As a former police officer with 20 years of experience in the justice system, along with extensive work in the area of investigation of sex abuse offences, against both adults and children, I feel compelled to speak out against Tim Hudak’s (Facebook, Twitter) policy on crime and punishment.
While it appears the idea of simply putting GPS trackers on sex offenders is going to make the community safer, this is in fact not the case. It would only cause more fear and alarm.
I strongly disagree with Hudak’s proposal for a number of reasons. The estimated cost of this idea as stated by the PCs is 51-million tax dollars, a huge price tag for a program that will do little to make the public safer. It’s also not clear if his proposal will result in conflicts, in regards to the Charter of Rights and Freedoms (PDF, Wikipedia) and Human Rights issues, within the justice system and the courts. In other words, it may not even be constitutional.
Eventually the GPS tracker would be removed from an offender when their sentence is served or conditions are lifted in court. Realistically, a GPS tracker could not be placed on a sex offender forever, and eventually the sex offender will be living in our community without this level of monitoring. Money would be better spent to implement and develop programs and services in regards to reintegration and restorative justice; programs that have already been proven to increase public safety.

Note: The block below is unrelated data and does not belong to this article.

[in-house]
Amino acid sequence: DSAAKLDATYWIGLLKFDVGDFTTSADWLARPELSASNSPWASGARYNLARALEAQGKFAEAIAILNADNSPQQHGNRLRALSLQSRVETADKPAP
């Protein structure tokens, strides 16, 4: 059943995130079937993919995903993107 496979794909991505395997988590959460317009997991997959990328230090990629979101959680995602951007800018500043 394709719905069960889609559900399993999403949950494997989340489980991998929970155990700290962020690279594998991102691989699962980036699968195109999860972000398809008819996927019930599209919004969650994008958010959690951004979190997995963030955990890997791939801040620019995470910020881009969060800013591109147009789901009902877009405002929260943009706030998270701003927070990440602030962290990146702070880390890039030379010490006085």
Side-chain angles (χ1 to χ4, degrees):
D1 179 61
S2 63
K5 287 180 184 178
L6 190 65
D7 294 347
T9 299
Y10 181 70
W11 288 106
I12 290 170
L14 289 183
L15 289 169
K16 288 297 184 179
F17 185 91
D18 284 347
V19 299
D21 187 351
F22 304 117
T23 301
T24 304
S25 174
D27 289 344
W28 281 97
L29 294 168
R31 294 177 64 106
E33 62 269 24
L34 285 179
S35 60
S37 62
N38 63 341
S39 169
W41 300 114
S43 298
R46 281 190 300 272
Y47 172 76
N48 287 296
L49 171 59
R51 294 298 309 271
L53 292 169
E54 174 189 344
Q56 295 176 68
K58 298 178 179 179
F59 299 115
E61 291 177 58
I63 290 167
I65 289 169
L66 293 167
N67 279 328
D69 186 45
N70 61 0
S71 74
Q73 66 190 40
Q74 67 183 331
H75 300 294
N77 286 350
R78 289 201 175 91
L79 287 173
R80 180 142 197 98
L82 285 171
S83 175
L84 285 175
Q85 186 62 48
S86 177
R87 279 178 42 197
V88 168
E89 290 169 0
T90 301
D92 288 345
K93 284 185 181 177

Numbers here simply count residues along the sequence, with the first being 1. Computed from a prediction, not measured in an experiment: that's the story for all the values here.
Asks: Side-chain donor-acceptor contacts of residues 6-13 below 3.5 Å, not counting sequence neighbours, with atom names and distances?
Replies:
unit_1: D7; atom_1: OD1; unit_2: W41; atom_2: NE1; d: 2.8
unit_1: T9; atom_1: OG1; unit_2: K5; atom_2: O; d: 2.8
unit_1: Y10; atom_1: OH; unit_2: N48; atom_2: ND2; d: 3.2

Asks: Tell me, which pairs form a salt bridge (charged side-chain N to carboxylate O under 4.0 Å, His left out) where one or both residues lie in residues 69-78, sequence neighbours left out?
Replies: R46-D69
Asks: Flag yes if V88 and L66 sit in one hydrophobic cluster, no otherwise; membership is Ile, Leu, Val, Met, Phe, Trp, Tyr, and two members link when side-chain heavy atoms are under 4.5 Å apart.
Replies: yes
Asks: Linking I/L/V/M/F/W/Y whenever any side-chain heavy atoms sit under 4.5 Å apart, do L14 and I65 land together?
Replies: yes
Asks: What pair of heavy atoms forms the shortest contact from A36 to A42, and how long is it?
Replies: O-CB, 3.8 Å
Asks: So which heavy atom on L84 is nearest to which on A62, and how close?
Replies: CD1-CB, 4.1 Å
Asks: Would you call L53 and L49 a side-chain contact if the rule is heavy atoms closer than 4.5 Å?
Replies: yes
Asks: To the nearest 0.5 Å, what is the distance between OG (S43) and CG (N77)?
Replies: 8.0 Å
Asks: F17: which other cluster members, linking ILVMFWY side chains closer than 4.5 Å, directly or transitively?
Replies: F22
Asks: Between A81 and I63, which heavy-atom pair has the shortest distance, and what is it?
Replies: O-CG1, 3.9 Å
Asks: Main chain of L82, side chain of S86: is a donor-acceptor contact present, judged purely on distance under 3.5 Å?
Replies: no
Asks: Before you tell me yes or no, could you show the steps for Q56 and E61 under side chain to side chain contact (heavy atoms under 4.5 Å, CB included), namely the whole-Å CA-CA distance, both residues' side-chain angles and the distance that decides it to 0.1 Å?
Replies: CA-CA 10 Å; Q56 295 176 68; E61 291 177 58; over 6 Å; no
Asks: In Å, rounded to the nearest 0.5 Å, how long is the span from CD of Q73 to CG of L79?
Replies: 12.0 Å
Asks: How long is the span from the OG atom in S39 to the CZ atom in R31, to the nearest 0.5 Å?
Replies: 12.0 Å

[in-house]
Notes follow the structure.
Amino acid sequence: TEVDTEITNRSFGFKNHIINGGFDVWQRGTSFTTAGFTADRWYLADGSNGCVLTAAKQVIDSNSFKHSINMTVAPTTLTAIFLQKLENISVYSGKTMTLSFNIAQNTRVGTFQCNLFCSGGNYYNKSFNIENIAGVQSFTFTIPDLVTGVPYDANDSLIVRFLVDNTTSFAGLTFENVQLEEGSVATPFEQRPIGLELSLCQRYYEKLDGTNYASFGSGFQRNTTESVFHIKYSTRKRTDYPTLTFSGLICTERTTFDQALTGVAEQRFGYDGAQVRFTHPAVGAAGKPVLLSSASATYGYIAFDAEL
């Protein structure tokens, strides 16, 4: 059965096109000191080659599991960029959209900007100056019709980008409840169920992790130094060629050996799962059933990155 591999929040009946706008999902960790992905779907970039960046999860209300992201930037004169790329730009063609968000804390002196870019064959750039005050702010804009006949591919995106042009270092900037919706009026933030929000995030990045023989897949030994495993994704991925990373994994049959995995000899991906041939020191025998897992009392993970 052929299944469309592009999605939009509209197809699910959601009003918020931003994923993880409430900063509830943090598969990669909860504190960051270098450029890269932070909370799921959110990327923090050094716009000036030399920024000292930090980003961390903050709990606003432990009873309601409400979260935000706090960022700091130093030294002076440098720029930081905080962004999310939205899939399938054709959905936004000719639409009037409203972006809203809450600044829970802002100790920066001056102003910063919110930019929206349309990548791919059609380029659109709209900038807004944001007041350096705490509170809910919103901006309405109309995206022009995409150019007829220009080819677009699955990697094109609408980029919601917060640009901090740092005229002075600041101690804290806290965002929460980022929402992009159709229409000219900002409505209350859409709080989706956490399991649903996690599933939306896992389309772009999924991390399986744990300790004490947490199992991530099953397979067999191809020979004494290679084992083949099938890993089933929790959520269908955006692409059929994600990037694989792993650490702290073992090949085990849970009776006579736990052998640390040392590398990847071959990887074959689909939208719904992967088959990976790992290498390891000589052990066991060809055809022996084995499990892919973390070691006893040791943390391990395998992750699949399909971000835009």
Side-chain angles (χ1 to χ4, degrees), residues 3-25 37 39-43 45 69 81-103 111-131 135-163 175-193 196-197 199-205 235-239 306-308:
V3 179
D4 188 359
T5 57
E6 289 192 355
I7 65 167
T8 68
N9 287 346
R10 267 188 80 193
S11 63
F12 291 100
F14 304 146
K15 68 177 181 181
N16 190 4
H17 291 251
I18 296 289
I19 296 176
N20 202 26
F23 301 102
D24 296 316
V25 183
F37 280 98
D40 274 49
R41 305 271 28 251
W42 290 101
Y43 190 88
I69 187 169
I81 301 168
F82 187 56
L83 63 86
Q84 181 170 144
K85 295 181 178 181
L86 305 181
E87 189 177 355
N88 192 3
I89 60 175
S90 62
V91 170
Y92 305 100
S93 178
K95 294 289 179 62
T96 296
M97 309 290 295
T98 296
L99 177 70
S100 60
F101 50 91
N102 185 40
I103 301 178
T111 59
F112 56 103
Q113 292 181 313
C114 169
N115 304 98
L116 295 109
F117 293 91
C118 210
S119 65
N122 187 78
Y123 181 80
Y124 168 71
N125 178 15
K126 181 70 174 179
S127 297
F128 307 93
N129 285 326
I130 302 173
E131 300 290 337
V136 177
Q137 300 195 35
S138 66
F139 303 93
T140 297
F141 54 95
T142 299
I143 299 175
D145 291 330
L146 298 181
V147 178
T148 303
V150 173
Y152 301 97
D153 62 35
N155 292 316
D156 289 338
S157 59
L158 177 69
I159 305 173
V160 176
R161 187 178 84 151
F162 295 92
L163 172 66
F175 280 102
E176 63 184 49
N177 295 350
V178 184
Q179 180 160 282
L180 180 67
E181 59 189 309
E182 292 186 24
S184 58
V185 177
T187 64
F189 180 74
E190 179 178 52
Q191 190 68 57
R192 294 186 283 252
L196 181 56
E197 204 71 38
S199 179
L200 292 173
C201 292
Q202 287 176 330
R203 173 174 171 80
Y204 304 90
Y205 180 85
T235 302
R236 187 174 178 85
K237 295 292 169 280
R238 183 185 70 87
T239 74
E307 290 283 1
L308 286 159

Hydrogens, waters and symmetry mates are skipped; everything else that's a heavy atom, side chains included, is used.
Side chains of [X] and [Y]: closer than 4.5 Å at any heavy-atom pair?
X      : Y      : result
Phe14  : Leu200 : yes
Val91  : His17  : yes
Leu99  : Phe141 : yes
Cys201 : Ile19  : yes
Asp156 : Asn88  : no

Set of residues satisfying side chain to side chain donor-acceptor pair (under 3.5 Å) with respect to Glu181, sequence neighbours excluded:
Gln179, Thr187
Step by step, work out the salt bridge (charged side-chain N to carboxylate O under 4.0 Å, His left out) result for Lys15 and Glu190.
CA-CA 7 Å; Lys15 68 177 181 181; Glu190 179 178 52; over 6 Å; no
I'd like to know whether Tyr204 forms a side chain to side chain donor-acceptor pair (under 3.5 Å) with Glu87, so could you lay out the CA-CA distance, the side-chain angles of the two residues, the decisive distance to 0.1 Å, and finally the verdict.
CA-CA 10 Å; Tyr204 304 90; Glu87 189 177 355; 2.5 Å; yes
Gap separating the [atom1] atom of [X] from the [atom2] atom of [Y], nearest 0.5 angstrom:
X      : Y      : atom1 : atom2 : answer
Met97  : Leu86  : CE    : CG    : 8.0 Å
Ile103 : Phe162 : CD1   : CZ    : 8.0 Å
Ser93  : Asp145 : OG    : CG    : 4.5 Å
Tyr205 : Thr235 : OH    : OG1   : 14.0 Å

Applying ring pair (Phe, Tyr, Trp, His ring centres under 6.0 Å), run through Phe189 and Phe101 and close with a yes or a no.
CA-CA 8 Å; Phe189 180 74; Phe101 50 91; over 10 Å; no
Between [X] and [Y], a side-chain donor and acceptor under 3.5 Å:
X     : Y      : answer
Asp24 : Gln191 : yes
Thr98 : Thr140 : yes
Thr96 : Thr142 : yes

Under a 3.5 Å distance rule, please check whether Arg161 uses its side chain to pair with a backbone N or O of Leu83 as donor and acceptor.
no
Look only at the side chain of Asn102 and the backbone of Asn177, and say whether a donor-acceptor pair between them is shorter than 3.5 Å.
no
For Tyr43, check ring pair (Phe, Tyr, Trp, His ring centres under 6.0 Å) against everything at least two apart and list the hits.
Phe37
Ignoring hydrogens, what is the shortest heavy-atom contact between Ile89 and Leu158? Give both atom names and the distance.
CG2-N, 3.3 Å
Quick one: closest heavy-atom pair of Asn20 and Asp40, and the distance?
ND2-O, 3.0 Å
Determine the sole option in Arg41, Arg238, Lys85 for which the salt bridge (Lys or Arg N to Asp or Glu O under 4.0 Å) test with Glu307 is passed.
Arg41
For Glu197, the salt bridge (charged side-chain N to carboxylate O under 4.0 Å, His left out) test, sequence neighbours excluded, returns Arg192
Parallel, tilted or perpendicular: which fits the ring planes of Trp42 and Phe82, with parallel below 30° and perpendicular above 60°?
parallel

We need to have resources for offenders where adequate counselling and programs are focused on treatment and corrective behaviour. Not warehousing our young men in jails, or worse forcing them into “chain gangs,” a long abandoned and outlawed practice being promoted by Hudak
Our community’s safety depends on restorative justice circles, community justice programs, and reintegration assistance for offenders upon release with supervised conditions.
This issue is one that shouldn’t be left to the whim of a politician. There must be consultation with people working on the front lines. It’s important to consult with court judges, justice officials, the Ministry of the Attorney General, community interest groups, women’s shelters, sexual assault services, community mental health and addictions services, and police services, to name a few. These suggestions for remedial action are by far the best direction to take with due regard for all parties concerned.